Cow flow: ‘You have to look through the eyes of a cow’

Since the abolishment of quotas the national herd has increased. But, while there are greater numbers of cows on farms, infrastructure on some farms has remained the same.

During one of the Farm Relief Services (FRS) Smarter Milking events, Jim Dockery – a training manager with FRS – discussed cow flow and what the host farmer, Michael Broderick, has done to improve this on his farm.

Kicking off the discussion, he said: “If I asked you to go out to the field and crawl back in here, you would be looking through the eyes of a cow. These are the eyes we need to look through when we are thinking about cow flow.

“In the past, the parlour and buildings were located in the most convenient place for the farmer, but they may not have been in the most convenient place for the cows.”

Micheal’s farm is well set up for the efficient movement of his cows into and out of the yard for milking. The collecting yard is circular in shape with a 10m wide backing gate.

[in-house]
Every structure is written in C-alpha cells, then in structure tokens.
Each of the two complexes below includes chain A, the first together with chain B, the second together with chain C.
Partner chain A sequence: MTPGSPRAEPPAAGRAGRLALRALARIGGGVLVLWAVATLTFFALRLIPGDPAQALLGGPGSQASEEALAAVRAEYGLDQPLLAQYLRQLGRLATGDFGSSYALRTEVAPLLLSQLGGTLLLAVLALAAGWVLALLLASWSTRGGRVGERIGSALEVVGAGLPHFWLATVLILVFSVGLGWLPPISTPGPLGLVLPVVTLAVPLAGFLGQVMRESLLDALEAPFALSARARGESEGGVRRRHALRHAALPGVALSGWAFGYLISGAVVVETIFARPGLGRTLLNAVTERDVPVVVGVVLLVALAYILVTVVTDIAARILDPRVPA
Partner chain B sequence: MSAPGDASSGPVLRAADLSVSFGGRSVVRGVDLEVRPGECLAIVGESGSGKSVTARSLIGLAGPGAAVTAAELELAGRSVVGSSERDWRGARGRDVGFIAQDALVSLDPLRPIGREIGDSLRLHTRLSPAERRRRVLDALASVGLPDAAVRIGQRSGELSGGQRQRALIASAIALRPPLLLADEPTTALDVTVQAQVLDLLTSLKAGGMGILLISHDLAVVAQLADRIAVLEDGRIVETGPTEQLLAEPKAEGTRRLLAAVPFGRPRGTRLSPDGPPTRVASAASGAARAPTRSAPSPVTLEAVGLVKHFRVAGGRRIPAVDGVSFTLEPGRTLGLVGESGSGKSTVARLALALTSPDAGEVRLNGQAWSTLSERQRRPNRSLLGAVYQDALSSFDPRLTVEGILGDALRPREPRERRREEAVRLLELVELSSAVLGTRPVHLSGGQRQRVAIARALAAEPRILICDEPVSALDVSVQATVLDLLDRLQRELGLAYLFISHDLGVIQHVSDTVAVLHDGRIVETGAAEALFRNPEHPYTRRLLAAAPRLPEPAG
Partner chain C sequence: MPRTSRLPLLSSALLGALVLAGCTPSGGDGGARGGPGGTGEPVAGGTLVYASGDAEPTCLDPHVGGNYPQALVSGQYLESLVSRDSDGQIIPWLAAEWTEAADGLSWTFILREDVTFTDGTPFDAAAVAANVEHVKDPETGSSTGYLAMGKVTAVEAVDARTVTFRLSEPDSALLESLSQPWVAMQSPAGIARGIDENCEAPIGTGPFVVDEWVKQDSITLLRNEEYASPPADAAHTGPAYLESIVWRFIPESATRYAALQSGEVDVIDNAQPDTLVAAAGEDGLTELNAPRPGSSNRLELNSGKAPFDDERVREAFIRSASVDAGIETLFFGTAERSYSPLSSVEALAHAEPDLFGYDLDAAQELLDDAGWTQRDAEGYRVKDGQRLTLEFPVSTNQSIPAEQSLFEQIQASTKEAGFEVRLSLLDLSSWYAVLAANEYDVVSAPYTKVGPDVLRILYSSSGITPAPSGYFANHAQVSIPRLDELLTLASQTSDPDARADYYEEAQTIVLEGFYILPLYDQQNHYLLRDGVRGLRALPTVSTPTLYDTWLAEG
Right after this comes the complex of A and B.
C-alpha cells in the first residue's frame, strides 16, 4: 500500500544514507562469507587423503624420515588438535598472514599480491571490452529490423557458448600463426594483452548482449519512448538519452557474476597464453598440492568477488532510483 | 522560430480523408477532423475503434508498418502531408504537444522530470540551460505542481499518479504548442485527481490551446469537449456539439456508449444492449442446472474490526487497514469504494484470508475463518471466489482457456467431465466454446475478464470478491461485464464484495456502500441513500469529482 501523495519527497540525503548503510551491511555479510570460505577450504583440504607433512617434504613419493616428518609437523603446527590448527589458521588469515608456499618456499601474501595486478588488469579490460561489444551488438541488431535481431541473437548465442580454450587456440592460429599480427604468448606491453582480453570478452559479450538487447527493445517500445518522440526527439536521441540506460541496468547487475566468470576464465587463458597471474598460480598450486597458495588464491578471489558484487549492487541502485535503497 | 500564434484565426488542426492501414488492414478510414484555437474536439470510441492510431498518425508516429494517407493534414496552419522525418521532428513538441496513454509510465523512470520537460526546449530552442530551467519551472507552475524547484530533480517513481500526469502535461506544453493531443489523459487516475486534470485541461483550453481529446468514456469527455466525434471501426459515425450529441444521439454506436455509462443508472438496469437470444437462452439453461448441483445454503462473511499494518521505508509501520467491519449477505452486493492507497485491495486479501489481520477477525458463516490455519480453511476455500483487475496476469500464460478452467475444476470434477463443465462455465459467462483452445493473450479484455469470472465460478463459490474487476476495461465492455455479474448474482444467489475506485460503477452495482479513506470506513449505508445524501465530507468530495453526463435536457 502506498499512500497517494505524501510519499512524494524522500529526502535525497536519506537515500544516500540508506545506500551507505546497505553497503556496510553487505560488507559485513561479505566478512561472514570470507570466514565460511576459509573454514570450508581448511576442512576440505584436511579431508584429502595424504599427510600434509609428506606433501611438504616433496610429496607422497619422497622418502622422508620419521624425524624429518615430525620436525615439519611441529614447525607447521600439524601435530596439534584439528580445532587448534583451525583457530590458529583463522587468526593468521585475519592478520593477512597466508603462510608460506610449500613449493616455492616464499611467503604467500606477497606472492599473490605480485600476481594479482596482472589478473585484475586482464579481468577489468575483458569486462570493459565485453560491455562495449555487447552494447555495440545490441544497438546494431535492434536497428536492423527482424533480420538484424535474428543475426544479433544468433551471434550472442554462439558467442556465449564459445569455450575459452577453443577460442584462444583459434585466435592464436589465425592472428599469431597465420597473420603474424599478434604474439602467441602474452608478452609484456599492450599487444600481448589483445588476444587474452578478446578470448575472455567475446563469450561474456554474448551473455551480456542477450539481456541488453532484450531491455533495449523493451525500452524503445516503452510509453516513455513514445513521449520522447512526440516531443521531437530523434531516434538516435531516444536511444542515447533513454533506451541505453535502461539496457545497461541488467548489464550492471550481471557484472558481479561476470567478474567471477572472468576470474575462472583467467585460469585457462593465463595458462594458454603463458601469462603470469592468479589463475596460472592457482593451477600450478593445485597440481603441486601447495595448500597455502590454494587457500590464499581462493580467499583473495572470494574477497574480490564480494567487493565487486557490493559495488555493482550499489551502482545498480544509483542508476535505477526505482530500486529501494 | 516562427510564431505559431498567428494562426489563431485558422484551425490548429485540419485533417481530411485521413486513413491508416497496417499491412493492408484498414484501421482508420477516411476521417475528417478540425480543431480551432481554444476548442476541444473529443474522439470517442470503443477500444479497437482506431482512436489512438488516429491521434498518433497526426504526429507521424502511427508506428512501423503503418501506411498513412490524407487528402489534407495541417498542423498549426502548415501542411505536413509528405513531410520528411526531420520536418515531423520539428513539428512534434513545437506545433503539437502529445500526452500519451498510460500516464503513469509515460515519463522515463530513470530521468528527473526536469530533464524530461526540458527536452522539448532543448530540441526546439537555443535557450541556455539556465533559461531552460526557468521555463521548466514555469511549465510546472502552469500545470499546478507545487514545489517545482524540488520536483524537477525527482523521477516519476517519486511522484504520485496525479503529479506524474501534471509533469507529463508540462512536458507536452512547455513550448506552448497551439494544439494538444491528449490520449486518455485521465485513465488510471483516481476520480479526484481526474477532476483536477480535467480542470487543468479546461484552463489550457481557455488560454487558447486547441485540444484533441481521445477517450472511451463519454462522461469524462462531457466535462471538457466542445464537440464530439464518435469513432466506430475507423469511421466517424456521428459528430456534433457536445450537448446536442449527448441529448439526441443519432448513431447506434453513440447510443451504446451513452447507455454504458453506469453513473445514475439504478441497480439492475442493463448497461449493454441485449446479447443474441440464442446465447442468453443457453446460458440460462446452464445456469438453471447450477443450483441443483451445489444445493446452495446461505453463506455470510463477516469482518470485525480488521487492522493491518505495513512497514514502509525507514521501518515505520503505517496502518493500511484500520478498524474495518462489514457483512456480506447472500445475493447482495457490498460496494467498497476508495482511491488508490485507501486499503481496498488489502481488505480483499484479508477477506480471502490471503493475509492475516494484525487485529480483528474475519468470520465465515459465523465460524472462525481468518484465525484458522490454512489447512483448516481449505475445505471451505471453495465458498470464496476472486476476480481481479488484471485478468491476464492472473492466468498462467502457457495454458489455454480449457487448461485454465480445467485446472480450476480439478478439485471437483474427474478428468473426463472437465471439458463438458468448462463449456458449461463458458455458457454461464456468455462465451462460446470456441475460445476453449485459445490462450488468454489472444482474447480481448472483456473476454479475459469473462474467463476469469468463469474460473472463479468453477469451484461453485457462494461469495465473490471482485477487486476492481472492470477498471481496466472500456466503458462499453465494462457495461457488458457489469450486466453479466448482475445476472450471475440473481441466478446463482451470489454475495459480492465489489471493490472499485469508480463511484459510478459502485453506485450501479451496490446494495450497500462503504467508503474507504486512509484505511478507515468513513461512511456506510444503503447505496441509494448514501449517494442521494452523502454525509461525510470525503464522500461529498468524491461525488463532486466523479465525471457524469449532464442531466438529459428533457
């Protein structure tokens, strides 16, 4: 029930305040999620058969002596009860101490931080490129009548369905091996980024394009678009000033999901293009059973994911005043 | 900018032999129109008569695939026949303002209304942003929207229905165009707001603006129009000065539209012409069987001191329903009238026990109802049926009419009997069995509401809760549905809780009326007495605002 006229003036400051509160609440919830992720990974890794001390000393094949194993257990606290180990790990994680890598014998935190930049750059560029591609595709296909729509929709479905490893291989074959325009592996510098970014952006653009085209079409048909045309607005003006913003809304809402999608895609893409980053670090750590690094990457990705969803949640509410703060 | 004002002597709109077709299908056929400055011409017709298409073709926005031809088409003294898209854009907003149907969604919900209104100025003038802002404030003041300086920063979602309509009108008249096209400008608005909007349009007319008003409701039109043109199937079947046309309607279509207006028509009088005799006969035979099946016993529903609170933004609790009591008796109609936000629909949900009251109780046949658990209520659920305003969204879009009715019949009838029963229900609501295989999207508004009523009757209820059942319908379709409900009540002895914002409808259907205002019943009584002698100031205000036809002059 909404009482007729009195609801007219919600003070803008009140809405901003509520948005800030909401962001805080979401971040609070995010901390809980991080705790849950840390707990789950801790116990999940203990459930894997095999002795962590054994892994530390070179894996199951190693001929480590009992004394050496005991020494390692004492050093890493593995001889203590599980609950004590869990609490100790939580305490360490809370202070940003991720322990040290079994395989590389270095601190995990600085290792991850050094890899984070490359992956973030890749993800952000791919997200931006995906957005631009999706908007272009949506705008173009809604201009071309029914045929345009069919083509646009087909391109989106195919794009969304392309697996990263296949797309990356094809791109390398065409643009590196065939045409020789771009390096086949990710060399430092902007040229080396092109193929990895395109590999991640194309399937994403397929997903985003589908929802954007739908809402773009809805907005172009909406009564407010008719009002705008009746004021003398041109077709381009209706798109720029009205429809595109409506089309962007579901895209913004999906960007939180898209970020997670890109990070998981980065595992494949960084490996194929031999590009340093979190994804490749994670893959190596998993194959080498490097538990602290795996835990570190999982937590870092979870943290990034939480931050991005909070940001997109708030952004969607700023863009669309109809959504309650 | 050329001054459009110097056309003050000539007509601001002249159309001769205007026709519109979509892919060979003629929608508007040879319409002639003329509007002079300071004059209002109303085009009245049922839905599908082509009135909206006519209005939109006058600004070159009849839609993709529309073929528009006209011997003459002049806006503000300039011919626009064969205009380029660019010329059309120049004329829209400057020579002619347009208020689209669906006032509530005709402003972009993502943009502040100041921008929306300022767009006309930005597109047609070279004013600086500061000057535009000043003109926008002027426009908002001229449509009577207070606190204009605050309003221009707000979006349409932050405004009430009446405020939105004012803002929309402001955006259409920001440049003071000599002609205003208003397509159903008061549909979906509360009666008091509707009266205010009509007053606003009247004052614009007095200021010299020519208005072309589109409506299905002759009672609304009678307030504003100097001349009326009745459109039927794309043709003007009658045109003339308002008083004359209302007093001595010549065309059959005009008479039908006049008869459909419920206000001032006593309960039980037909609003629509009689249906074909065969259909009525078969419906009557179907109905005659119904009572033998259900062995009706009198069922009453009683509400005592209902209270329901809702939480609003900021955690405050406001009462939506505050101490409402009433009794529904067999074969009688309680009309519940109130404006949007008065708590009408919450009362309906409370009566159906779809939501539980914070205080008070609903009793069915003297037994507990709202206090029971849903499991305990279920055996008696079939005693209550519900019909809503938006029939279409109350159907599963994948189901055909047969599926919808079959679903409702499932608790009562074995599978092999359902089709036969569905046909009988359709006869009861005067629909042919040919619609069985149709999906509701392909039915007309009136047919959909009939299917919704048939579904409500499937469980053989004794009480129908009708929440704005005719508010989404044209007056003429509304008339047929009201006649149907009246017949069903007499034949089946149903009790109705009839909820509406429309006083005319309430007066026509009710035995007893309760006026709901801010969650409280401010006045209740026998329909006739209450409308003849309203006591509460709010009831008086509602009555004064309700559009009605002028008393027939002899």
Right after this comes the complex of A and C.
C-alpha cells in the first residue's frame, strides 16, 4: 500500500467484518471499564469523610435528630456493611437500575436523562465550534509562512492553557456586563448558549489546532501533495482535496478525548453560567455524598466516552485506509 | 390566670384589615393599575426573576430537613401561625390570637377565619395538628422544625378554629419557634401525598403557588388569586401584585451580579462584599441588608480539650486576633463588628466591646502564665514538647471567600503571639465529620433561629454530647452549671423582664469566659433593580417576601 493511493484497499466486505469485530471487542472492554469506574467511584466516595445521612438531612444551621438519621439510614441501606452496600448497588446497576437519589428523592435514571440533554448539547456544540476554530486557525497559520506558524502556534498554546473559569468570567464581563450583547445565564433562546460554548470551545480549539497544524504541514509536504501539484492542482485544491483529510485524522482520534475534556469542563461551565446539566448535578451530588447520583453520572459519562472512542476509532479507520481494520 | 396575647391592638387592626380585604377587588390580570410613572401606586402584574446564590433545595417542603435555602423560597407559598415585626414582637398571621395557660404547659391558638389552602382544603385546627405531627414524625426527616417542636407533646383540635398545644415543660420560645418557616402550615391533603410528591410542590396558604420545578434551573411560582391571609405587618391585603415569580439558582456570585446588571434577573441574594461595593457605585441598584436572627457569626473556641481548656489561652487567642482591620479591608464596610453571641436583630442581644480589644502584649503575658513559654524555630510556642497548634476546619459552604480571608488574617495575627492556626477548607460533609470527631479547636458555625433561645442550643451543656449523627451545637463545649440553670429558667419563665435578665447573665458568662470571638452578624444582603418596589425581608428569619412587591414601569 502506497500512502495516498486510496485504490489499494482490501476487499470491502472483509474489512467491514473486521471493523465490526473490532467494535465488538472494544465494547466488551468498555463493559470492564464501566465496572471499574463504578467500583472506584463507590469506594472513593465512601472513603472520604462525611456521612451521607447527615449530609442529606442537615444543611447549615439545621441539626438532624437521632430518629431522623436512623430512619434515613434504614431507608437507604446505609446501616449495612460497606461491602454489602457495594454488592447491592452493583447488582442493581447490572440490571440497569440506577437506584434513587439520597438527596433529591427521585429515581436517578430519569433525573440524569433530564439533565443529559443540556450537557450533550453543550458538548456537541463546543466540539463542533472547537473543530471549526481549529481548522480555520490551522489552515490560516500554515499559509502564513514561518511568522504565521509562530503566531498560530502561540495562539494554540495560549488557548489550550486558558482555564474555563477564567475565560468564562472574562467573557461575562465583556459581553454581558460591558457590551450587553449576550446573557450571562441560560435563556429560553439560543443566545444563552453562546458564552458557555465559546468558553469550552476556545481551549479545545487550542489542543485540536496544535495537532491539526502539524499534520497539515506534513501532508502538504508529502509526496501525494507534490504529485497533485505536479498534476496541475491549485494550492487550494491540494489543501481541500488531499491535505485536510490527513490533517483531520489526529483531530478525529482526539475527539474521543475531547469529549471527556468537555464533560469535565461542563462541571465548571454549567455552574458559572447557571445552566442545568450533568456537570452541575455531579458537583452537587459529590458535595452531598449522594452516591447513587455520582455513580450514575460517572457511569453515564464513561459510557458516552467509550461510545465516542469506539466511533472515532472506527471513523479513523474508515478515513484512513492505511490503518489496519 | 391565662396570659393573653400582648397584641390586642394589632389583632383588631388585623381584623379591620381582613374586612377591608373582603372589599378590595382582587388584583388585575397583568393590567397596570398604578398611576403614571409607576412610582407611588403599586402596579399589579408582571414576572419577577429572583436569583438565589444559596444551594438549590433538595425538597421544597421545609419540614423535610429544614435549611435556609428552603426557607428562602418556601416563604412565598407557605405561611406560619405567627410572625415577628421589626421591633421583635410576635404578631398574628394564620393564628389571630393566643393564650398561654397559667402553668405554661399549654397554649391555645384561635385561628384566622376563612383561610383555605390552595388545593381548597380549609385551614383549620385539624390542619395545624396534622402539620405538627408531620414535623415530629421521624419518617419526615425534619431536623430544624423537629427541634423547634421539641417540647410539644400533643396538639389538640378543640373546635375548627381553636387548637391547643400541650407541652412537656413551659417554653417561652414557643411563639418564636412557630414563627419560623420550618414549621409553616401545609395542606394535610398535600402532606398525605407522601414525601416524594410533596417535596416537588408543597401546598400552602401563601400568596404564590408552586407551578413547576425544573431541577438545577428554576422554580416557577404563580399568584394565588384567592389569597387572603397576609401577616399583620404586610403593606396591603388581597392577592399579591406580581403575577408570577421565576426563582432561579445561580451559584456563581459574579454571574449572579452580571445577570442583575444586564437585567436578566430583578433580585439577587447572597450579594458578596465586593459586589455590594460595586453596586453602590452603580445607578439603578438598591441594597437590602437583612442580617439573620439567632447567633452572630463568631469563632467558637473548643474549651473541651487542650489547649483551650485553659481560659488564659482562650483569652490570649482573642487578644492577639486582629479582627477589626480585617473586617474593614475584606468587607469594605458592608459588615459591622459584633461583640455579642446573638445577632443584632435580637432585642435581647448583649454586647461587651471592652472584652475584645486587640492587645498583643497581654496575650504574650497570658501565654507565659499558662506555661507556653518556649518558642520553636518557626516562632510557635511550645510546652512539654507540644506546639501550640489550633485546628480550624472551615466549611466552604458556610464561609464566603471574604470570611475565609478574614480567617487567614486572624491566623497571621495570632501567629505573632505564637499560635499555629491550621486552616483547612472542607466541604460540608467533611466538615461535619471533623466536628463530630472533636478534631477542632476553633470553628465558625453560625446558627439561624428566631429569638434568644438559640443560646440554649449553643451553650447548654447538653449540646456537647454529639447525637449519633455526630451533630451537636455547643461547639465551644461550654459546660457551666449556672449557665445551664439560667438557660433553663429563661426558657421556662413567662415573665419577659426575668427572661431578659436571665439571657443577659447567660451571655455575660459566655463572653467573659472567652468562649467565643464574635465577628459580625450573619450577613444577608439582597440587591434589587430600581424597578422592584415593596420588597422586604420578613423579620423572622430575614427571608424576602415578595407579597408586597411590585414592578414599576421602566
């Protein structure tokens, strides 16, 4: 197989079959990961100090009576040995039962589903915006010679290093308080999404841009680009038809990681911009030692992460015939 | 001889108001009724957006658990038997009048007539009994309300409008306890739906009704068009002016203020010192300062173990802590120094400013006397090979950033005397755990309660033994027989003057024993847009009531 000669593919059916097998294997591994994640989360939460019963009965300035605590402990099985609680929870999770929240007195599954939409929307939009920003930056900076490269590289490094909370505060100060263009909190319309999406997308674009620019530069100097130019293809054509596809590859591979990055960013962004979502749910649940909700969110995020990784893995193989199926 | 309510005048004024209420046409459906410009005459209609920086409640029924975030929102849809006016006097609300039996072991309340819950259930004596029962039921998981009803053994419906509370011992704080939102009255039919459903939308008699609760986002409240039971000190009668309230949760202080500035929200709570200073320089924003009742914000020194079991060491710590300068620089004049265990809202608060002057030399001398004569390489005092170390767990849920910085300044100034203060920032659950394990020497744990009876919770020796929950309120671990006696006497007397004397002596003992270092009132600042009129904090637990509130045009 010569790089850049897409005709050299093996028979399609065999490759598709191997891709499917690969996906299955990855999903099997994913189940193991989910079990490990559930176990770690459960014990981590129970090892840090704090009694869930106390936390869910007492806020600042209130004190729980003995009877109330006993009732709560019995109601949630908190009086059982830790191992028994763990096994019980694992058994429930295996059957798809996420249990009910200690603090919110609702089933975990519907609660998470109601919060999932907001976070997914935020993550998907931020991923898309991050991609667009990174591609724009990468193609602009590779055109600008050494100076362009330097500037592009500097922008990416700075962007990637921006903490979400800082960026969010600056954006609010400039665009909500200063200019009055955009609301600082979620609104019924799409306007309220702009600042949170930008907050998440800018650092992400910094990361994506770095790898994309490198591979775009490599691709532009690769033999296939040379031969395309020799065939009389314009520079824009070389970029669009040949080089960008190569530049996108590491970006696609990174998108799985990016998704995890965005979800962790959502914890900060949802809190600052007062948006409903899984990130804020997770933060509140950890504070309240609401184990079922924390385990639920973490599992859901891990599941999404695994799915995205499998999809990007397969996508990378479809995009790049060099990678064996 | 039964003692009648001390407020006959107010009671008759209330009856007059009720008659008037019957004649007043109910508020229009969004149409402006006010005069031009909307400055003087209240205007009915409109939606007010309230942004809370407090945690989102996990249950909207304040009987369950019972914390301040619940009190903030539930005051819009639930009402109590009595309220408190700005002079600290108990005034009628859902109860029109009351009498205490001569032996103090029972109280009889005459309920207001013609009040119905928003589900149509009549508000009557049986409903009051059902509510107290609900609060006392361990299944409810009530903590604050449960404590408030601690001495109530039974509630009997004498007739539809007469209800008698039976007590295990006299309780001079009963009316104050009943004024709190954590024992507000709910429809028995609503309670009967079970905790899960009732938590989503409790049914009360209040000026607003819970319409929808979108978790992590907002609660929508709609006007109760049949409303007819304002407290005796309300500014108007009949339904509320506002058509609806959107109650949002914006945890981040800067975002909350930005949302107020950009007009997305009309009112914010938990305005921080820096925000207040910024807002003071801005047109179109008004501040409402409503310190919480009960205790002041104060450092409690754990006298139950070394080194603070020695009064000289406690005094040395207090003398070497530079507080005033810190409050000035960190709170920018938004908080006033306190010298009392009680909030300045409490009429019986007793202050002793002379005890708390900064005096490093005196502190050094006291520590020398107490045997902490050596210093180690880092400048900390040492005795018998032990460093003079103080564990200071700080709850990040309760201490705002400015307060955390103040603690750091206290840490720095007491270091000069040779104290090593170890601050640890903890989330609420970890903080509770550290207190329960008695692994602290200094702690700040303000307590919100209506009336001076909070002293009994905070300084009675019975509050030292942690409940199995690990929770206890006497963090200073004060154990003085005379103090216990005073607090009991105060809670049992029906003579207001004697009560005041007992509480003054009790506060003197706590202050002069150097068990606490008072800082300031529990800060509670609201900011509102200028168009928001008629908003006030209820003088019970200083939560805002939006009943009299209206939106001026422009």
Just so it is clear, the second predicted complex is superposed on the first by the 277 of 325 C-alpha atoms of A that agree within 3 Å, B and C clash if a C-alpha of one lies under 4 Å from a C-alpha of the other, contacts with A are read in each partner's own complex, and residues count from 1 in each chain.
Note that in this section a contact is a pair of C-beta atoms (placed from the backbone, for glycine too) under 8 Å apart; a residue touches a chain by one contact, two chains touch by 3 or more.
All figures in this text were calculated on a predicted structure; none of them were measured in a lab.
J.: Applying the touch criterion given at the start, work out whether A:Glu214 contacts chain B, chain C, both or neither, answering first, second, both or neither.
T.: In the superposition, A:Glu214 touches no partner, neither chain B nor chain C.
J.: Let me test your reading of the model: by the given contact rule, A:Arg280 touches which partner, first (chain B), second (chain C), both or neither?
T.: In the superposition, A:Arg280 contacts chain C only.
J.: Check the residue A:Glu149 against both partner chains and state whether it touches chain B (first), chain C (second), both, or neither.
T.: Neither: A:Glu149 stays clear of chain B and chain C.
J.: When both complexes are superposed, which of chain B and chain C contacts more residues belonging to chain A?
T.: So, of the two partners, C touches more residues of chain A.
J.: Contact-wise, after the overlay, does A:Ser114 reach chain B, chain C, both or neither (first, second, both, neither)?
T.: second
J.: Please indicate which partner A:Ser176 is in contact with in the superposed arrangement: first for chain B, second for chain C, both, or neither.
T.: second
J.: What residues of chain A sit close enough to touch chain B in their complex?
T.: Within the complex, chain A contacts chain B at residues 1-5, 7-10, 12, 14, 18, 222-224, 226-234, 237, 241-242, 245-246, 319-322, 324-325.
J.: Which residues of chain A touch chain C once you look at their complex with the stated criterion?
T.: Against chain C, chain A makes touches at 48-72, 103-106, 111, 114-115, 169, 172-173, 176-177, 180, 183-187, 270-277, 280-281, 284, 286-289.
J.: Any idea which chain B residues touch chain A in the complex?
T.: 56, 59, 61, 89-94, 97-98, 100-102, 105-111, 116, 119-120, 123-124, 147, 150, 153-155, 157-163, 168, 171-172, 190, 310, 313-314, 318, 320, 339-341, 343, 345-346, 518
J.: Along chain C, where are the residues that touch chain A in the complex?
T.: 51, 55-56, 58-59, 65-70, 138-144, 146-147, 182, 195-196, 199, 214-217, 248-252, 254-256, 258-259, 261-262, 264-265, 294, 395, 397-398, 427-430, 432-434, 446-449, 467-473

“The cows enter the yard and they are all facing the right way – towards the back of the parlour. If the cows aren’t facing the right way a lot of churning goes on, which can put pressure on the first and second calvers.

“If the cow doesn’t have a positive experience in the yard each day it will show in the milk,” Jim added.

The farm pass entering the back of the collecting yard is wide – approximately 7-8m in width. It also has a large rounded bend approaching the collecting yard.

“Take note of the width of the pass entering the back of collecting yard; it is wide enough for eight-to-10 cows.

“See how the bend approaching the yard is rounded; cows don’t like sharp bends and a sharp bend can affect cow flow,” explained Jim.

Jim also mentioned the issues when cows come to a “catch point” between the roadway and the concrete yard.

“You need to be aware that there is no give in concrete. If the cow steps on that and there are small sharp stones there, it is going to end up in her hoof; so, it is really important to keep it clean,” he stated.

Turning to the exit from the parlour, he said: “Once the cow exits the parlour she is facing towards the green fields.

“Remember, when the cow exits the parlour, all she wants to do is get back to the paddock and fill herself with grass again; so she needs to be able to flow back to the paddock easily.”

The drafting unit on Micheal’s farm is located beside the parlour and is facing straight towards the farm roadway.